ReSurfaced is coming back to Liberty and Shelby streets for another round of pop-up events and experiences this summer. The experiment in creating place from thin air has adjusted course after last year’s iteration and is ready for a new season with an updated look.
“One of the things we learned is the space is two times as big as the first one [on Main Street],” explained Patrick Piuma, director of City Collaborative (CC), the parent nonprofit that oversees the project. “With a space that big you can have 50 or 60 people walking around and it feels empty. We’re working on strategies to make it more like a good spot to enjoy the summer or fall—condensing the space down to make it more intimate. But be flexible to open up for large events.”
The first iteration of Liberty Build centered around a communal beer garden space filled with wood chips, Piuma said. “We made it too flexible last year.” As a remedy, ReSurfaced plans smaller seating areas and a revised layout.
City Collaborative is working with landscape architects Patrick Henry and Louis Johnson (both CC board members) and land-arch students from the University of Kentucky on the details. Mark Renz and Pat Strehl from Luckett & Farley have also volunteered structural engineering technical assistance.
“We’re working right now on a greening plan,” Piuma said. “We want to create a space where families can walk in and feel like a pop-up community center.” Already, volunteers helped install several large trees, but Piuma hopes for more. “We’d like to get some donations for plant material.” Ideas include building a rainwater catchment area to store runoff, adding a “no-mow” demonstration garden, and breaking up asphalt on the lot.
One design update that’s sure to add to the industrial chic of the space is manhole-cover paving in the beer garden. LG&E donated roughly 300 iron discs challenging designers to come up with a creative use. There’s been some learning along the way. “When it gets hot those things heat up,” Piuma said. Original plans to pave the entire area with the iron covers were scaled back. “We’re using them as a border treatment and at the entry garden.”
Another addition this year are two shipping containers sponsored by Brown-Forman’s Coopers’ Craft bourbon. The blue containers, matching the bottles’ labels, include a bar and retail space surrounded by a wooden deck.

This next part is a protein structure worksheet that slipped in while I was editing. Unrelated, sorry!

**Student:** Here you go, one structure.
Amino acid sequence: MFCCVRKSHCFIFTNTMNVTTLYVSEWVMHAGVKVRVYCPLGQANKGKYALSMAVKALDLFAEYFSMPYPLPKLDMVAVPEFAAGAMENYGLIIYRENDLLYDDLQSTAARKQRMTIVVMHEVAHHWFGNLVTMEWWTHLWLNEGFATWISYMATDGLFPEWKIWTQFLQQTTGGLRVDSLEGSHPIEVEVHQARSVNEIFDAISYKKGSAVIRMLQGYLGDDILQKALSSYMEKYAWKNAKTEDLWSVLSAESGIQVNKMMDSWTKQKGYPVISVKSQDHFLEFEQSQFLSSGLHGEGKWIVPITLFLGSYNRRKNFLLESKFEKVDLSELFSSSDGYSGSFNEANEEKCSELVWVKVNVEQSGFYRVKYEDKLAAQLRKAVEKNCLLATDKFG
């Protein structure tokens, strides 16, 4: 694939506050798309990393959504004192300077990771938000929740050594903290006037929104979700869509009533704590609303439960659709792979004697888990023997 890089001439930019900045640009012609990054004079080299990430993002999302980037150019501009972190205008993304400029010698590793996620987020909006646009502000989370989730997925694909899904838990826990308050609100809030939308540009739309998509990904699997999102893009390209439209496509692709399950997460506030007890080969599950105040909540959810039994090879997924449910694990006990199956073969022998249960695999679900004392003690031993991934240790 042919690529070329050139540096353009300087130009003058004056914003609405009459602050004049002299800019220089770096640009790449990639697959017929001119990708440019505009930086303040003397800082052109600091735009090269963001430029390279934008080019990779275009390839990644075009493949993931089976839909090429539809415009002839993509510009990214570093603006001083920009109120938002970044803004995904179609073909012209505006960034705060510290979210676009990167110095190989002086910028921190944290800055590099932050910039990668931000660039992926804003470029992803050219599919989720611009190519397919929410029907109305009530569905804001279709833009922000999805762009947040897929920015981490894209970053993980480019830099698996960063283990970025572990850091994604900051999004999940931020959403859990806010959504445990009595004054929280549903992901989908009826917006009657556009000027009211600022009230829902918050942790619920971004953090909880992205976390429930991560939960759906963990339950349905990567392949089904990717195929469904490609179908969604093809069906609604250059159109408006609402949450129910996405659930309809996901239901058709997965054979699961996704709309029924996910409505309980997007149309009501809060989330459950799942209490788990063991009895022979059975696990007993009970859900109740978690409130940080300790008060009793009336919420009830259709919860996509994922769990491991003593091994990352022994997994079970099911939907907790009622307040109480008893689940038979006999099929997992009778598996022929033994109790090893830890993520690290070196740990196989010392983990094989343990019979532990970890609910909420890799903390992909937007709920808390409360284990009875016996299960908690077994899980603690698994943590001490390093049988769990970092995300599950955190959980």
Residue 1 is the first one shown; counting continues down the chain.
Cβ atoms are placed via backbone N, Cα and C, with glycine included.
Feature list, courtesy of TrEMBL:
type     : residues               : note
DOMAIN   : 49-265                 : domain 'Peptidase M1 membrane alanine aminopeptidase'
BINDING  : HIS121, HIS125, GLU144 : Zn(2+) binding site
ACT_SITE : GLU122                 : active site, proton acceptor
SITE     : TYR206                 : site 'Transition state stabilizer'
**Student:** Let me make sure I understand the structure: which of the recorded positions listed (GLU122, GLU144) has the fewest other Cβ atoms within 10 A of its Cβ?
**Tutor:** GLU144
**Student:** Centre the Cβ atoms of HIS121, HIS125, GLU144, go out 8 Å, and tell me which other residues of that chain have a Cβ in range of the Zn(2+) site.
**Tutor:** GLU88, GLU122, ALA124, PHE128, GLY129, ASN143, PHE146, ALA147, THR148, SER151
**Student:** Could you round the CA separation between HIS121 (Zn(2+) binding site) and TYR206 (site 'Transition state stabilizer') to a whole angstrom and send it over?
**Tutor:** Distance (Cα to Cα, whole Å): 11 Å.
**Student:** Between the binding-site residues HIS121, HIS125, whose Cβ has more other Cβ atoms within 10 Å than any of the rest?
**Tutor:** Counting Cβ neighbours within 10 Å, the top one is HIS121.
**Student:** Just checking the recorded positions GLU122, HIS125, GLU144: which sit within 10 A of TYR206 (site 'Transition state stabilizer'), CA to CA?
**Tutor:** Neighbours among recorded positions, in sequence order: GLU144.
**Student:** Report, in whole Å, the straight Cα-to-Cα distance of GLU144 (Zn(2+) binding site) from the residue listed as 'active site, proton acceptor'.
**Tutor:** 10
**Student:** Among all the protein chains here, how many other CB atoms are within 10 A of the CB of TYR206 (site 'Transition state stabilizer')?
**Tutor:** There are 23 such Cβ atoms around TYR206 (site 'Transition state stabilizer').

For Piuma, the 2016 edition of Liberty Build was about getting the infrastructure in place. This year is all about the details. “We spent a lot of resources getting the soccer field and everything built,” he said. “Now we’re focusing on creating a unique experience.”
As demonstrated in previous years, programming at ReSurfaced goes a long way towards driving crowds. And Piuma expects this year to be no different. Not every event will focus on beer, but food is a different story. “There’s always going to be food there,” Piuma said. “I think we’re going to work more with food trucks to get augmented food.” The familiar taco challenge and fried chicken throwdown will also make a return.
If last year was about testing ideas and putting infrastructure in place, this year is about making those ideas pop. “Now we’ve got a platform and we want to activate it,” Piuma said. “We want to try to bring in different partners and let them think about how they would like to use the space. Curating experiences is what we’re looking for. We’re looking for themes—bikes, design, sustainability.”
To that end, the team hopes to add signage and visibility that draw more people from crowded East Market Street south to ReSurfaced.
“We picked this site partly because the sites we’ve had in the past have come ready with a historic facade or the river and views of downtown,” Piuma said. “We wanted a site that was more indicative of the vacant land around the community. It was a way bigger challenge than we thought it would be. We wanted to pick a really ugly site and make it into a place people wanted to come down to.”
ReSurfaced pledges to be open to the public on the first and third weekends of each month beginning in June. It will also take part in First Friday Gallery Hops with shows inside Forest Giant’s gallery shipping containers.
Besides adding signage on Market Street directing pedestrians to the pop-up, Piuma plans to paint some shipping containers and make the perimeter more appealing. “The hope is that we can take down as much construction fencing as possible and replace with a wooden fence,” Piuma said. “We want the outside appearance to look a little more finished and not so much a construction zone.”
ReSurfaced’s main entrance is also moving back to its originally designed location on the corner of Shelby and Liberty. Visitors will pass between double-decker shipping container megaliths marking the entry point. “The whole idea is that this was the front porch of the space,” Piuma said. “We want to invite the neighborhood in.”
There’s still plenty of work left at ReSurfaced: The Liberty Build. If you’d like to get involved, there are several Community Build Days coming up where you can help shape the city’s summer pop-up. The first is this Saturday, April 29 from 10:00a.m. till 2:00p.m. Additional Community Build dates have been set for Saturdays on May 13 and May 20. If you’d like to attend, wear work clothes and sturdy shoes—and drop Patrick a line so he can plan the work load.
So when’s the grand opening? It’s coming up fast. Piuma said ReSurfaced will throw open its gates to the public on Friday, June 2 and Saturday, June 3. ReSurfaced has the Liberty Build site until the end of the year, and Piuma said they plan to be open at least through October.